>Nick Clegg sent one of his regular e-mails to Liberal Democrat members today, talking about his recent visits to Afghanistan and Pakistan.
He was clearly affected by the devastation he saw in the flood damaged area of Pakistan which has affected the lives of so many people. He wrote:
Yesterday I was in Pakistan where I saw the almost unimaginable impact of the terrible floods. It is almost impossible to appreciate their scale — the affected area is approximately the same size as the UK.
I was deeply moved as I witnessed the flooding from the air. It is sadly clear that it will take years for life in Pakistan to come back to normal. I met with President Zardari and aid agency workers to discuss aid being delivered to Pakistan and what role Britain and the international community can play.
I’m proud that the British people and government have together contributed over £100m to assist the aid efforts. If you would like to donate to the DEC appeal for Pakistan, as I know many people will have done already, you can do so here: www.dec.org.uk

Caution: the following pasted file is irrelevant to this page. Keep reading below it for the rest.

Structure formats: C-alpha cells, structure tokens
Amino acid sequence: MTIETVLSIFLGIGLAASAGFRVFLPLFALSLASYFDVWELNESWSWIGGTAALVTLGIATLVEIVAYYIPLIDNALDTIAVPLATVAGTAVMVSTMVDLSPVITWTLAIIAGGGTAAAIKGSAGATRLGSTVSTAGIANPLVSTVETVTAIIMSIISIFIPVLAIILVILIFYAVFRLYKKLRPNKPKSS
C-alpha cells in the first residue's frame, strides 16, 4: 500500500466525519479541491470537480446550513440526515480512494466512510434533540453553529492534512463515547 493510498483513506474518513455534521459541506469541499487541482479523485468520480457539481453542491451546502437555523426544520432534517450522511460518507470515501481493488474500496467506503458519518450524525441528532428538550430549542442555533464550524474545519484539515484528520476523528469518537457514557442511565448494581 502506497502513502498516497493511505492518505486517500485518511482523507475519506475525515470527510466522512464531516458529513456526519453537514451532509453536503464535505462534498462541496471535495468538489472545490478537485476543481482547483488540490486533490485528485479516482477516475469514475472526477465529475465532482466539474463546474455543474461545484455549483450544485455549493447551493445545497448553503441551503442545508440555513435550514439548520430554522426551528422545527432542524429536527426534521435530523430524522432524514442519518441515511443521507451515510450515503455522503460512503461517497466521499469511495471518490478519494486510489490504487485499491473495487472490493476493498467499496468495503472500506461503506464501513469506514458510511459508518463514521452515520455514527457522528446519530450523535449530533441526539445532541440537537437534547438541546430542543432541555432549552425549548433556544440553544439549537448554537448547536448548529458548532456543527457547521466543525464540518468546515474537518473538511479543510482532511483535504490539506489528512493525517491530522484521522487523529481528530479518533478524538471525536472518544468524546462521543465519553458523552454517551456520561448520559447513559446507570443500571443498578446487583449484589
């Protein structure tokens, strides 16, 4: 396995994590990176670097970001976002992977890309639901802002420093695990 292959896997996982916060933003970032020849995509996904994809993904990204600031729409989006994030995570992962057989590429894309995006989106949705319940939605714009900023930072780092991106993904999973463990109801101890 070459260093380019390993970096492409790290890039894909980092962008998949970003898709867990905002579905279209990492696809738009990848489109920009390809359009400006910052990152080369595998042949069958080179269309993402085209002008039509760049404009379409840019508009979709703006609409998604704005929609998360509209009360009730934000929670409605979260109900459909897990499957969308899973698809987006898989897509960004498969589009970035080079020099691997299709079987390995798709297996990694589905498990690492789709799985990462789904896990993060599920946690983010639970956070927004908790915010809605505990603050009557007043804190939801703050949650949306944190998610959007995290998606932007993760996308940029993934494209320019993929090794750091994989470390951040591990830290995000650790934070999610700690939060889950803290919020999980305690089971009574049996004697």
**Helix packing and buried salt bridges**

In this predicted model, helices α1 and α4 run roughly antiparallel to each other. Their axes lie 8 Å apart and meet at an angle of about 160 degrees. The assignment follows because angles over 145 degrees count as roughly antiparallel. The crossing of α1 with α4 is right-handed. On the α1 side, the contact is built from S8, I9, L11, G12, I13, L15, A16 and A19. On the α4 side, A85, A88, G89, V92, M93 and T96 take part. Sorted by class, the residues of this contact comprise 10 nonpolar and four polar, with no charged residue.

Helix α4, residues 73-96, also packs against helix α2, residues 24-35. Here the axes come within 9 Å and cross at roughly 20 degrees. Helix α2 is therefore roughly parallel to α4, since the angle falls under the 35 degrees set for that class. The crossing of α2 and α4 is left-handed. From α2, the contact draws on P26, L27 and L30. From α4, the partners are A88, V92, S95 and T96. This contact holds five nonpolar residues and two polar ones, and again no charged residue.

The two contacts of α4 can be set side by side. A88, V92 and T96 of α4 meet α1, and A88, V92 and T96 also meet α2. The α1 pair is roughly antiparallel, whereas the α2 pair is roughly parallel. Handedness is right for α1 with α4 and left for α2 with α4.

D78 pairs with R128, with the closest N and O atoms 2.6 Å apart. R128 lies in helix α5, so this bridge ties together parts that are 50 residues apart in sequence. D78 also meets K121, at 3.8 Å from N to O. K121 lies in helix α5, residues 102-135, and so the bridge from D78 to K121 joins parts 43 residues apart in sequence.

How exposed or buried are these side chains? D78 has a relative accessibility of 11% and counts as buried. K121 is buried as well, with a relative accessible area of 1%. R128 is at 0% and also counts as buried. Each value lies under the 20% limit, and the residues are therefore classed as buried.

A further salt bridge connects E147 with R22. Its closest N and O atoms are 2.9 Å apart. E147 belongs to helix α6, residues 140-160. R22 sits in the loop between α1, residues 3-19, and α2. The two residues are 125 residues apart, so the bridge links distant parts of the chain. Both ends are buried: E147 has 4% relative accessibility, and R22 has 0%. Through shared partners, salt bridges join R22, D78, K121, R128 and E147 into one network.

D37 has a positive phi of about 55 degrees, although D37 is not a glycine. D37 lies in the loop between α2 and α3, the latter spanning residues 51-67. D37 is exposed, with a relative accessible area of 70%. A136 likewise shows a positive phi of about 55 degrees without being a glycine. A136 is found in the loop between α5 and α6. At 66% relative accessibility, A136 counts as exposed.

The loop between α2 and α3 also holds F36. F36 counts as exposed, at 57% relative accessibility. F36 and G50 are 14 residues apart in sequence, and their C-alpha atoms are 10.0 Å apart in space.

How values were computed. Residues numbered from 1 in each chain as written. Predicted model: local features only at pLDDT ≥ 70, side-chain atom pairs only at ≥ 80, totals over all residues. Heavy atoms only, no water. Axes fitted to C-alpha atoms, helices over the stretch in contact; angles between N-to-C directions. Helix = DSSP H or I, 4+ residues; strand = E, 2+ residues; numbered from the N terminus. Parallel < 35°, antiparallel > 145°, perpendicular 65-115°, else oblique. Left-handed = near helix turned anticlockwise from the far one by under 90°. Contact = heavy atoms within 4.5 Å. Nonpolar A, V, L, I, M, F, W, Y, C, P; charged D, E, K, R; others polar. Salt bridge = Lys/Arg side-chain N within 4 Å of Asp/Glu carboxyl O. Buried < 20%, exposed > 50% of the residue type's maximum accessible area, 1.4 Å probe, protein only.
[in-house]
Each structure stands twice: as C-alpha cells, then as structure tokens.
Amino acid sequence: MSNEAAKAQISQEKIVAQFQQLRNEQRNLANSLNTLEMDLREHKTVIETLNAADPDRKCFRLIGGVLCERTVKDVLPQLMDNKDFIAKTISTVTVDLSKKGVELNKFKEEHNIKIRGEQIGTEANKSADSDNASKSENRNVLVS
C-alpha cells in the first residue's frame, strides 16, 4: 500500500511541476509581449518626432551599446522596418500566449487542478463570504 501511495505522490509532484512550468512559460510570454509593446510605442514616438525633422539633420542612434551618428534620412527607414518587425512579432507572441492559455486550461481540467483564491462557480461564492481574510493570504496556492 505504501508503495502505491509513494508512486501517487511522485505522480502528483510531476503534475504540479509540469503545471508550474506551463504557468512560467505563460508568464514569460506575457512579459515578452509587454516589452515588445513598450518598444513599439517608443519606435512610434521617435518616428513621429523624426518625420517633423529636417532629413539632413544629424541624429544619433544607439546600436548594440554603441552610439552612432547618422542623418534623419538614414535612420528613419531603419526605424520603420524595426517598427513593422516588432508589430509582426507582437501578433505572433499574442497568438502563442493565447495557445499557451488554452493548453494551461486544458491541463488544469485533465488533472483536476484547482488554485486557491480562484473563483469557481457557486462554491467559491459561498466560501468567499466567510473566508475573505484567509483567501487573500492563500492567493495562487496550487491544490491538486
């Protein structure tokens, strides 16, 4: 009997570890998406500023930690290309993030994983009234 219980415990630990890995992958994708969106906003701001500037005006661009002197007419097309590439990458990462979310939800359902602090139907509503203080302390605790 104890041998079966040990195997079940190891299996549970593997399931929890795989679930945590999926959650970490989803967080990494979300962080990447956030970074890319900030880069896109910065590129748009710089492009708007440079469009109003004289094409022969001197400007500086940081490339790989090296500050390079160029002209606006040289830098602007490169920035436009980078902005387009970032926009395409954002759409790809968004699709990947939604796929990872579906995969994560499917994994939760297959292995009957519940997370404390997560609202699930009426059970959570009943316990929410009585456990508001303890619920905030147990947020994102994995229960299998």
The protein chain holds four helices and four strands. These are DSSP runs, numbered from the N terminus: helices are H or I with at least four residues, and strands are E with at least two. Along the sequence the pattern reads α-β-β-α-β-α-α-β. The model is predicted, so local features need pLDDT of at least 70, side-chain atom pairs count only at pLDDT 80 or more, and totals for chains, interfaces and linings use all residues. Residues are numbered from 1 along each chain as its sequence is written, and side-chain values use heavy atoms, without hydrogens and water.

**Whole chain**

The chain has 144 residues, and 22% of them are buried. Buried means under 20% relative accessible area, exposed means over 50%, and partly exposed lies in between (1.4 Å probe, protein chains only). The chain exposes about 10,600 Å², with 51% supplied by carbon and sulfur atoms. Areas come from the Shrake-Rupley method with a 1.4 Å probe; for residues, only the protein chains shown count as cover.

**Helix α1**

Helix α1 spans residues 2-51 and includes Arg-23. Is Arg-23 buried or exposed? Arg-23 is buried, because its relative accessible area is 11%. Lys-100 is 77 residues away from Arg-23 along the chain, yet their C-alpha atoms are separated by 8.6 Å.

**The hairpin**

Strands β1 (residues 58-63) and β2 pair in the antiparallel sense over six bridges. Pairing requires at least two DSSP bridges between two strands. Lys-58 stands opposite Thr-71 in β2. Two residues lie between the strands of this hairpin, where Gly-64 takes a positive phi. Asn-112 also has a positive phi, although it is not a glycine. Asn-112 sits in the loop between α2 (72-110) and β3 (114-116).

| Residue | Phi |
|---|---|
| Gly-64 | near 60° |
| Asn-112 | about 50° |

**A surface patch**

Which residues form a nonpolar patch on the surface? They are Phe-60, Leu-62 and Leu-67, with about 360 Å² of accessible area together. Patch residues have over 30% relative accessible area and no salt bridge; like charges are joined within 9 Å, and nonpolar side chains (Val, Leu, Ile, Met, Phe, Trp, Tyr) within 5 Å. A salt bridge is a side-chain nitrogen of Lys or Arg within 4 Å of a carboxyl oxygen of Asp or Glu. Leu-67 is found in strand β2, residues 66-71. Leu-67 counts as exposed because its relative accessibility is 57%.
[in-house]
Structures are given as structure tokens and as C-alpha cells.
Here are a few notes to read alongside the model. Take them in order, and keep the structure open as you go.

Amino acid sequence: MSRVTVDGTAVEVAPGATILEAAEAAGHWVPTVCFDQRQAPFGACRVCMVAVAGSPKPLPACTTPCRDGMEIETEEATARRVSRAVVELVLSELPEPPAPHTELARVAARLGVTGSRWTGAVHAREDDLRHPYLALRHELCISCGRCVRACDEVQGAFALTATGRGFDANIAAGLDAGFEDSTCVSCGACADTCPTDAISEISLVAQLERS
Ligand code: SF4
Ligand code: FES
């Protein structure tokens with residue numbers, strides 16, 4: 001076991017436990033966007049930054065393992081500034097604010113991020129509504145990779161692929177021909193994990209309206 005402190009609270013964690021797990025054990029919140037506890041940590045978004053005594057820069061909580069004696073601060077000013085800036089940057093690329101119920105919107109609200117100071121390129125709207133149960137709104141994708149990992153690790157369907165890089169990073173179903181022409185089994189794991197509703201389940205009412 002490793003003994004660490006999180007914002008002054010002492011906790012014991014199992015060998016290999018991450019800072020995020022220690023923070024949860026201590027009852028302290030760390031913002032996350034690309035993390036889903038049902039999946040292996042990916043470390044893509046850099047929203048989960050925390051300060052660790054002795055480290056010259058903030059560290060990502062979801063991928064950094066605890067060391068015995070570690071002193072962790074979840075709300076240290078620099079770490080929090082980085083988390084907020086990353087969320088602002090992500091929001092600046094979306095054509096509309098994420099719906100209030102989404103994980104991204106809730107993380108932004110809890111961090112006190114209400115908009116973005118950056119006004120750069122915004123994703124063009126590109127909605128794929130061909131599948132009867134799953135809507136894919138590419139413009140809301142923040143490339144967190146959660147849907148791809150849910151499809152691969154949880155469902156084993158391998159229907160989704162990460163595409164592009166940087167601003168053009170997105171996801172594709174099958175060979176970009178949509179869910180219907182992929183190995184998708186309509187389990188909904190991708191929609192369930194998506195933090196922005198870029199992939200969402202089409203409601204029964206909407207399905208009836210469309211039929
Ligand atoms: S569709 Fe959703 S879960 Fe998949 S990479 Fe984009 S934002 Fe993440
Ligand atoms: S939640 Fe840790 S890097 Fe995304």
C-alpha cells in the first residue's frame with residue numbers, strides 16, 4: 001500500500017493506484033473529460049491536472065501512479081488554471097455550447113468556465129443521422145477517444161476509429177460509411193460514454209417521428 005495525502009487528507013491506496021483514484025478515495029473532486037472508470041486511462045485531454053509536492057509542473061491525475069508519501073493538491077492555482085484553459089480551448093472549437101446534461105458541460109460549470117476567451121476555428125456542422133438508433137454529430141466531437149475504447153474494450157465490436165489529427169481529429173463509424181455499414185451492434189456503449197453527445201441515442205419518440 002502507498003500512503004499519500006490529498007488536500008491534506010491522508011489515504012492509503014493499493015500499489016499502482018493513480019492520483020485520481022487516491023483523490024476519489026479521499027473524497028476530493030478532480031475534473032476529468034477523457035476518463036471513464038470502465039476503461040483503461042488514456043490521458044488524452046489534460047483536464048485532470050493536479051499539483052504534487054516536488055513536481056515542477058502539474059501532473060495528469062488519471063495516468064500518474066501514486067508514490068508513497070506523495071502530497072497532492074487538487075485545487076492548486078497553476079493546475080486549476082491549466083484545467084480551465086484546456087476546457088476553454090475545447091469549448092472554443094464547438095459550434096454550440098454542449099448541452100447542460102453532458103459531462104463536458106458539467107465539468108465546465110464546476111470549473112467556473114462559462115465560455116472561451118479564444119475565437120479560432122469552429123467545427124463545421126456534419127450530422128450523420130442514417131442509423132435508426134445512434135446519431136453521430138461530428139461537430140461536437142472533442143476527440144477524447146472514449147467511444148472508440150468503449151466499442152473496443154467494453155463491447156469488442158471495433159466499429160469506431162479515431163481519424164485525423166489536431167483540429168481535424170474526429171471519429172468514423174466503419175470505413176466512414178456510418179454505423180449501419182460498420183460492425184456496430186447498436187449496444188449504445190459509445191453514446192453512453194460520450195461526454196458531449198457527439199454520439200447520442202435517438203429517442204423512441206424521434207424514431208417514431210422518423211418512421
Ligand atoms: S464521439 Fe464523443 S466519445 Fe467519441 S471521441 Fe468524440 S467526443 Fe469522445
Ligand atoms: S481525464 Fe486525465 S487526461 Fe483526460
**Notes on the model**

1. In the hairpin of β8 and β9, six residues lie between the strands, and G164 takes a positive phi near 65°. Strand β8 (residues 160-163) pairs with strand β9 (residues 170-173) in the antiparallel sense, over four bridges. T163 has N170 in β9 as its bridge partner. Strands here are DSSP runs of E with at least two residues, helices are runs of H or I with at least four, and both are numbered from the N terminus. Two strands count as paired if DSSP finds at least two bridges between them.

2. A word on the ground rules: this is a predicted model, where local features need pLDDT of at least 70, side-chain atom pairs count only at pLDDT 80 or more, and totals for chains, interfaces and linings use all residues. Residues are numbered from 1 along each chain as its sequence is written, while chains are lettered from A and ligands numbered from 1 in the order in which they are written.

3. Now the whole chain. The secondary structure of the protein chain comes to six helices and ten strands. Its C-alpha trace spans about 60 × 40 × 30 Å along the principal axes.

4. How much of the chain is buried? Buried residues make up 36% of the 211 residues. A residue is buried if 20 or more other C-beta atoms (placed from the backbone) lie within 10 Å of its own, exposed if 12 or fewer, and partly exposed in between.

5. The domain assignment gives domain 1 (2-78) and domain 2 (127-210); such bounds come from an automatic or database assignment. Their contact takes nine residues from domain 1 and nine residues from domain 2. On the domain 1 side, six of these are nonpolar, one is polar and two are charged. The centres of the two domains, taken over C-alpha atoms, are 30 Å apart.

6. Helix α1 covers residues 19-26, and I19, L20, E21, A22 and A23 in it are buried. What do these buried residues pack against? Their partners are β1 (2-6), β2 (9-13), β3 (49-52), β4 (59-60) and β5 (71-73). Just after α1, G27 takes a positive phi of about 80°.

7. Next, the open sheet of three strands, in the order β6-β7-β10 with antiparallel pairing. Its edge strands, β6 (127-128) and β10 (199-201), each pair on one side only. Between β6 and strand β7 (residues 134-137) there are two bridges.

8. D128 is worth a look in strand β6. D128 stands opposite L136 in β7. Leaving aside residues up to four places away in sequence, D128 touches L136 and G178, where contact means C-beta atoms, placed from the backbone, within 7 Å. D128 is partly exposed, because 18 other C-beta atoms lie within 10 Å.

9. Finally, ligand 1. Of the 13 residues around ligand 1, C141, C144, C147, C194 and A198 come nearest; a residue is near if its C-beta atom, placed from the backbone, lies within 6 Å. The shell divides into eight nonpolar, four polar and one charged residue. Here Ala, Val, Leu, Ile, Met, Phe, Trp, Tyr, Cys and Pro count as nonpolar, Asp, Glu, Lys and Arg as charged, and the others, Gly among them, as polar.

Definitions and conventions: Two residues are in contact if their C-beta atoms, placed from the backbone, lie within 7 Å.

He also talked about his visit to Afghanistan.
It was my second visit to our armed forces in Afghanistan, where I saw again the bravery and professionalism of our troops. Whilst the situation in the country is still difficult, I believe that we are beginning to turn the corner. As the Prime Minister has made clear, British combat troops will leave Afghanistan by 2015 and it is important that by then we have a full political settlement to take the country forward.
I do feel more troubled about how this will all pan out. I don’t know what the answer is, but if talking to the Taliban is on the agenda, the already horrific realities of life for most of the female population (denied education, 80% are victims of domestic violence, forced into marriage, forbidden from working) are hardly likely to get any better. I bristled when I heard Tony Blair’s defence of the Iraq War as being that Saddam had gassed and killed thousands of his own people. Women are subject to domestic torture, rape and oppression that’s hardwired into their daily lives in Afghanistan and it looks like we’re going to leave without improving that. Those women don’t have a voice and it really upsets me to think of how they are forced to live.